Clear Creek ends football season, holds awards banquet
It had the makings of a continuing trend, and history often pointed to what was likely to happen next.
The Clear Creek Middle School Bobcats entered the final football game of the season Sept. 29 with a 1-4 record. They had not won since the first game of the season, and there was no hope for the playoffs. Rather than go down meekly, the Cats battled for an 8-7 win over the visiting Union County Panthers.
Coach Jerry Barnes saw the writing on the wall at practice leading up to the game, and noted their perseverance during the season was uncommon.
“It was the last game of the season, we had basically no hope for the playoffs and had been beaten four times in a row,” he said. “This being the 26th football team I’ve coached, I’ve been there before and they (former players) lay down and quit on you. That’s just the way they do. But, these kids had a great week of practice, and even during the season, we might have had two bad practices all year. They’ve been engaged and flying around. I could tell at practice they were going to play, and that it meant a lot to them.”
Barnes added, “Union was better than us. We’re young and rebuilding this year. But the kids kept fighting, and scratching and digging and clawing, and the assistant coaches probably coached as hard as they ever have. They (assistants) kept the kids in the game and made the right adjustments. At halftime the talk was pretty blunt and to the point. They (players) had two choices, and they came out and responded and played well in the second half.”
Union’s pass-happy offense looked to spread the field with three, four and sometimes five receivers. However, it was a three-yard run that capped a long first quarter drive and allowed them to lead, 7-0.
Numerous holding calls stalled the Panthers’ offense throughout the first half, but they were able to maintain their lead at the break.
Bobcat Dylan Abercrombie made a play on a tipped pass in the third quarter and snatched possession for CCMS to end a Panther threat.
“He comes out of nowhere like a streak,” Barnes recalled, “and he dives out parallel to the ground in the air for about five feet and intercepts it. He was hustling and doing what made him a team captain.”
Later in the quarter, the Panthers were forced to punt from their 30, and Barnes stacked the line with 10 defenders. When the ball sailed over the punter’s head, CCMS recovered at the 18.
Gray McClure then breached the goal line for the Cats on a buck sweep around the left edge. Gilmer tested the right side on the conversion.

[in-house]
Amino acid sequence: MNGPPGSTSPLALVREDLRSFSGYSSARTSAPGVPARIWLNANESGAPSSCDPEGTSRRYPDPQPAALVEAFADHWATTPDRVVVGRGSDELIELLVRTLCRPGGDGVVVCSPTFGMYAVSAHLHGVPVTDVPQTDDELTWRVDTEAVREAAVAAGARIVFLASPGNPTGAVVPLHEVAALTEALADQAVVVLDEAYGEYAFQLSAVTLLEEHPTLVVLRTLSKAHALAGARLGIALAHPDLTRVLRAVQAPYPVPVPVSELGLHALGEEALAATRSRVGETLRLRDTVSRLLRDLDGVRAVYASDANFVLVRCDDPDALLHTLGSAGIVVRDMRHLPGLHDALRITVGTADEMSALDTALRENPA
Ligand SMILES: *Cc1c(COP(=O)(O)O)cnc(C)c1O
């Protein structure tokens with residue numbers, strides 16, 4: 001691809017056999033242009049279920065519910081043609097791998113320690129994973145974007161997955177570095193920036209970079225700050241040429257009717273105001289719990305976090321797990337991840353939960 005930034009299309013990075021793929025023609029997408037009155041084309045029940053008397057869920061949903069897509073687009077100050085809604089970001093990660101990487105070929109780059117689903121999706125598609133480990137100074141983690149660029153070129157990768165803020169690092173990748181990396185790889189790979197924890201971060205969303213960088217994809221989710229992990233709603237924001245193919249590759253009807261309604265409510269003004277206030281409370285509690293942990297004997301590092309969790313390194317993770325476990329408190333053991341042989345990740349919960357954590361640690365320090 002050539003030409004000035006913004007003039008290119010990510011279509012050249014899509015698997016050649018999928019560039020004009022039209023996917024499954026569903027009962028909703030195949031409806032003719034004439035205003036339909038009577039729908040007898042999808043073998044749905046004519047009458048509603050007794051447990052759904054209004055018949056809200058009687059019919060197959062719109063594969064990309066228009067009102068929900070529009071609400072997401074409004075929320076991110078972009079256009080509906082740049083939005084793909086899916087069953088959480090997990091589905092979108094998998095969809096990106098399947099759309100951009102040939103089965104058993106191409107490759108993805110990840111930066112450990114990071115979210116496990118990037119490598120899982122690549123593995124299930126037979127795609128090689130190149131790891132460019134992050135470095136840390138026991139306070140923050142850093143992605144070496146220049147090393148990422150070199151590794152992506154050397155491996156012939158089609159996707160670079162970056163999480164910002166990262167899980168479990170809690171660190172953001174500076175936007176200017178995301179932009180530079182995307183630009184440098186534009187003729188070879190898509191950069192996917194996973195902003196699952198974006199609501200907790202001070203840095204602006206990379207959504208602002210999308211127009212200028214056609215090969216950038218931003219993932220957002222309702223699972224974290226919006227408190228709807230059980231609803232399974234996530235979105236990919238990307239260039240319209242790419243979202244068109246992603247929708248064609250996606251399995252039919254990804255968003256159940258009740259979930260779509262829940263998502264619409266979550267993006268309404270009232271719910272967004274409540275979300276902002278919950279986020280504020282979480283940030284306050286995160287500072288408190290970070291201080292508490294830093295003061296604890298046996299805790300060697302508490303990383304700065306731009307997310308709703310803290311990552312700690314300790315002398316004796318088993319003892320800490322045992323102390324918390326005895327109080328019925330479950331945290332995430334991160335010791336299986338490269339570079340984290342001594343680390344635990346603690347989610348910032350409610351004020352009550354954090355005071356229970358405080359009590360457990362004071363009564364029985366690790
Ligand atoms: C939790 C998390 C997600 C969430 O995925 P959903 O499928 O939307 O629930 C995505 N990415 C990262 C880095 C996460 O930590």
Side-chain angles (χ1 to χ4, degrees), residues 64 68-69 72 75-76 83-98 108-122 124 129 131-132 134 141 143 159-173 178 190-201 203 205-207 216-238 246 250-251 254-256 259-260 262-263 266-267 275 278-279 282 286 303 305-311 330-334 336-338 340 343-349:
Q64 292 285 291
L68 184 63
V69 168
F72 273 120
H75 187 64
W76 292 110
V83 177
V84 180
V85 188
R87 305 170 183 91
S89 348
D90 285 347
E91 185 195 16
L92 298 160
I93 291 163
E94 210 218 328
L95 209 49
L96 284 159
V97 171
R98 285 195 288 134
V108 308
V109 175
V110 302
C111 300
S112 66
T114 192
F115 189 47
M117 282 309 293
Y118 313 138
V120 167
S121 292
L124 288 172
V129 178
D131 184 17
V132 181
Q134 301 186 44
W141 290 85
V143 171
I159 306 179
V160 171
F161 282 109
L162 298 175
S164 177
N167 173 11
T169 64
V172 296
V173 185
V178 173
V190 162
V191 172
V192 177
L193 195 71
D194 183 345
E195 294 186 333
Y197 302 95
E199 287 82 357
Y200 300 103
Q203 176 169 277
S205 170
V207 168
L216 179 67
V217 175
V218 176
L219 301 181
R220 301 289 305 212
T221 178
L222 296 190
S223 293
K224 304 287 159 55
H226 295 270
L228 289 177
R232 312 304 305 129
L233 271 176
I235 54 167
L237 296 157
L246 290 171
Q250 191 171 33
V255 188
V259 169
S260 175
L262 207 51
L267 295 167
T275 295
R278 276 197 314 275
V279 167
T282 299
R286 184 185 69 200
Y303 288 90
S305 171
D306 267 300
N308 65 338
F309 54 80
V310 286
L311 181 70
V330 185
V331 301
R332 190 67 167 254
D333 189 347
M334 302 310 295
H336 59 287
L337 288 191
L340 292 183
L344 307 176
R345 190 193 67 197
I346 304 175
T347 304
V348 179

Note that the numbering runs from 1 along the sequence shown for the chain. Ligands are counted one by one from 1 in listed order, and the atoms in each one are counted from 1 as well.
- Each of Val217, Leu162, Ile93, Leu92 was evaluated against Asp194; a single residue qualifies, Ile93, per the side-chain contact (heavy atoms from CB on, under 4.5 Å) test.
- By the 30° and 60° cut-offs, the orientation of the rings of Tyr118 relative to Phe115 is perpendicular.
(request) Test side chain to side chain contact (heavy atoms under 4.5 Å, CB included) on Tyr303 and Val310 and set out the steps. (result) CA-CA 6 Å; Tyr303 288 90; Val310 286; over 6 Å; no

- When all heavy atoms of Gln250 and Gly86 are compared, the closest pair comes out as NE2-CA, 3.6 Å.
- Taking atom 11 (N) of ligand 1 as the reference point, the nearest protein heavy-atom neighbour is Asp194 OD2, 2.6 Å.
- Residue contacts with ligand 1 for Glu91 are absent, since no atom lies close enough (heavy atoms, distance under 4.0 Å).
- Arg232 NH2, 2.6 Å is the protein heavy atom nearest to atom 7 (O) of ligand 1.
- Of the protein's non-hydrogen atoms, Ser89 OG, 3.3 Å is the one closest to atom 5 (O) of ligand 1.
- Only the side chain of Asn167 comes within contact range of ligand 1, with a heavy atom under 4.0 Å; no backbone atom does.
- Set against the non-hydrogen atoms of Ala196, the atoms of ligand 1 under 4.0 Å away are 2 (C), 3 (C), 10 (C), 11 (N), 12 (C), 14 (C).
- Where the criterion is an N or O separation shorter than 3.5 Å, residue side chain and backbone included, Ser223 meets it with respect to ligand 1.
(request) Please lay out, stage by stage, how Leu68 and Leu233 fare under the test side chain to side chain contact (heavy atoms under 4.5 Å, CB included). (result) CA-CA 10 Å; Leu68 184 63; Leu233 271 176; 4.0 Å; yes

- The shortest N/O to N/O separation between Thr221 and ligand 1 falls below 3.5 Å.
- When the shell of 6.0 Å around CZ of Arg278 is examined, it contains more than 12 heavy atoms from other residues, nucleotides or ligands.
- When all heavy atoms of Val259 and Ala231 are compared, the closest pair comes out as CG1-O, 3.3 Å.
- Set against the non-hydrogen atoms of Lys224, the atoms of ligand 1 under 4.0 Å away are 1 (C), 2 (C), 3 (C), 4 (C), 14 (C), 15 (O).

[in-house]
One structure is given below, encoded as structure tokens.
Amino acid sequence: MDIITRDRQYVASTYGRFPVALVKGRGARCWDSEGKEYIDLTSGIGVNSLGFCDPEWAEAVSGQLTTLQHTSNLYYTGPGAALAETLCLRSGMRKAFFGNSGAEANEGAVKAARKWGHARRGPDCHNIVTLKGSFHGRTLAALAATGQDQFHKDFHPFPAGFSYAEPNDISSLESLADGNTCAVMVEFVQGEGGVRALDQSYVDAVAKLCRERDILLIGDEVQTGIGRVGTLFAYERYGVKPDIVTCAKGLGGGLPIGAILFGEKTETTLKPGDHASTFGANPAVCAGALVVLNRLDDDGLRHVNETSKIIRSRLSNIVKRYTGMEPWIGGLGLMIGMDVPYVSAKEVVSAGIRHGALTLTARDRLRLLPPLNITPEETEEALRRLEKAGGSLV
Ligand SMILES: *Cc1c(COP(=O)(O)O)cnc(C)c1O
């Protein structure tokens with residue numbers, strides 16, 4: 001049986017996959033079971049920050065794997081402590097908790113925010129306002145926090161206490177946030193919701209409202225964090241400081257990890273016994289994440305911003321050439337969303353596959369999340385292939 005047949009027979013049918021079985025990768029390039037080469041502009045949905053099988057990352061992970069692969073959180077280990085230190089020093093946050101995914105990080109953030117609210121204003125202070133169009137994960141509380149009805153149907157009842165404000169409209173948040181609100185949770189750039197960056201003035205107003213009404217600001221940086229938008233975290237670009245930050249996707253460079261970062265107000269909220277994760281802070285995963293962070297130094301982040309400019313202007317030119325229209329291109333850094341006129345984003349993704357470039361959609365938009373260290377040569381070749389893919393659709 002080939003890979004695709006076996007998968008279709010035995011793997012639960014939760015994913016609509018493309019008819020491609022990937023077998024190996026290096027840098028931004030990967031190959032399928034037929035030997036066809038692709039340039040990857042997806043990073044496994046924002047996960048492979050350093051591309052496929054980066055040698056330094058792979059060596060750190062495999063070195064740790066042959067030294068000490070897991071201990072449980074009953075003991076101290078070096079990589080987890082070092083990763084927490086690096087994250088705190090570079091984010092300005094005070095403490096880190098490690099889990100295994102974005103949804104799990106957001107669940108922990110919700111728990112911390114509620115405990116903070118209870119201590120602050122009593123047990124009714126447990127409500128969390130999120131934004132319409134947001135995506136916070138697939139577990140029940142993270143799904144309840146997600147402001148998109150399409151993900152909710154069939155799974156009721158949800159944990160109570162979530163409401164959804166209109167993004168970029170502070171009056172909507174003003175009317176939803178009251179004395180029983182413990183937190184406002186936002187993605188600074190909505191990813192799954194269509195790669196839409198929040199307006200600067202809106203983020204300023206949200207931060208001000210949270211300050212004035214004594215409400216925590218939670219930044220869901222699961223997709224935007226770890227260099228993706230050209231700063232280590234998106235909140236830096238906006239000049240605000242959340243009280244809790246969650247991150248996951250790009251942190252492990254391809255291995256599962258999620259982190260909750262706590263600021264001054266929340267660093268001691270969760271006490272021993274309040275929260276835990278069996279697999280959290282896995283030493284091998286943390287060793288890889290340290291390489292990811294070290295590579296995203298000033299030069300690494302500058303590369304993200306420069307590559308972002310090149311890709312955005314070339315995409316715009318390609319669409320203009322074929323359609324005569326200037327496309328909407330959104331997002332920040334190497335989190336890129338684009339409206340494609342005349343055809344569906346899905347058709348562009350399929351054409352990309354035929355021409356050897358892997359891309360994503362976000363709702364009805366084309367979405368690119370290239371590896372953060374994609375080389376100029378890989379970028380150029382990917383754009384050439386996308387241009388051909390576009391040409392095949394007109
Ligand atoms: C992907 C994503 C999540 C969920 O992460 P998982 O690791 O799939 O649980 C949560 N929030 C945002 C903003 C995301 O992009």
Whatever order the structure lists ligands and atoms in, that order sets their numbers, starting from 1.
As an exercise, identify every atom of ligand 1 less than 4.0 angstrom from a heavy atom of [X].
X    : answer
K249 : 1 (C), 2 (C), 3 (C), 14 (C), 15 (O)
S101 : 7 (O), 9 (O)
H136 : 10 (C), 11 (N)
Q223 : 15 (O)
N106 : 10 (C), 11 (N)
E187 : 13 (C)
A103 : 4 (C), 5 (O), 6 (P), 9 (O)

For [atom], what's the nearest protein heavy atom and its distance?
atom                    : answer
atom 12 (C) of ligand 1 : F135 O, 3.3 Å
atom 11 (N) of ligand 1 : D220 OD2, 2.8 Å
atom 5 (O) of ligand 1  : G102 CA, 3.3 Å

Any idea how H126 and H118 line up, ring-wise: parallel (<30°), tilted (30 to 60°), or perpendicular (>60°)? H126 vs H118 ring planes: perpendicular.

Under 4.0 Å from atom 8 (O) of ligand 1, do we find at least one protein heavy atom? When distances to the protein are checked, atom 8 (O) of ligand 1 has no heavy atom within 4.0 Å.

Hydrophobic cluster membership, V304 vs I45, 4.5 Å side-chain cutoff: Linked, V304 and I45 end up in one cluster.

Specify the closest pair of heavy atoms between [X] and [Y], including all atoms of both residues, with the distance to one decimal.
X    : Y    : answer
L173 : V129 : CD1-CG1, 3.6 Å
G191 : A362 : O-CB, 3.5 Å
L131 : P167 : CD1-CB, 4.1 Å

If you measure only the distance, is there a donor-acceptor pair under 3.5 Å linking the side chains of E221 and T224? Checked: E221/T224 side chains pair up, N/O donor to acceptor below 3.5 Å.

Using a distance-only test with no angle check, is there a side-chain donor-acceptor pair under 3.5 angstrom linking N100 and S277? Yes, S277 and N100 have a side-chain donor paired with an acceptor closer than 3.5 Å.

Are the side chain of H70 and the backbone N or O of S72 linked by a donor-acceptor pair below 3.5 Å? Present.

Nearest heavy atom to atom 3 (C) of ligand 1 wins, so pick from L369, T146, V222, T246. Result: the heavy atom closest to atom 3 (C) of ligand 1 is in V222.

“I didn’t want to go for the tie and overtime with a team that was better than us,” Barnes said of his decision to go for a two-point conversion. “We put Cameron Weaver at halfback in the wishbone. We knew if we ran the ’bone they’d put 10 in the box, and then we’d run a sweep, and that’s what we did.”
Ahead by one point, Kobe Stonecipher intercepted a pass on Union’s final possession to end their hopes of overtaking the Bobcats.
“I thought the defense played well, and played well all year,” Barnes said. “We were really about four plays away from being 4-2 instead of being 2-4. Lumpkin would have been a stretch. They physically manhandled us. Fannin was really so much better than us athletically, too. After we scored in the last game, they played with a fire and intensity I hadn’t seen all year. I think we’re sending a good class overall to the high school.”
Team banquet held
CCMS wrapped the season last week with its awards banquet. Nine Bobcats were recognized at the event, which was held at the city swimming pool.
Lineman Connor Scudder was named MVP, and Weaver earned the offensive player of the year award. Connor Stokes was named defensive player of the year, and also received the Captain Award.
Lineman of the year was Kyle Allison, and Kannan Walker was named most improved. Nathan Carpenter earned the Coaches Award, and Grant Cochran was the manager of the year.
Walker, Dylan Abercrombie and David Lucas received the Captain Award as well, but it was Lucas who earned the praise of Barnes. Lucas only played the first half of the first game before an injury ended his season, and it was an exemplary effort at practice that caught Barnes’ eye.
“He was a unanimous vote by every player and coach to be a team captain,” Barnes said. “He did something at practice one day that I’ve only seen once or twice in my whole career. He pulled from his guard position to make a block on a linebacker. He hits the kid and gives him a concussion, and he’s out for two weeks. Then he hunts the free safety and KOs him, and he’s out of practice for the rest of the day. The runner made a good run and cuts back, and he (Lucas) obliterates a defensive end, and the first thing that hit the ground was the back of his head.
“He blocked three kids to their backs on one play and did stuff like that every practice and started for us at 5’ 5” and 130 pounds. He’s one in a million in terms of heart and guts.”
The Bobcats posted a 2-4 seasonal record against North Georgia Mountain League opponents.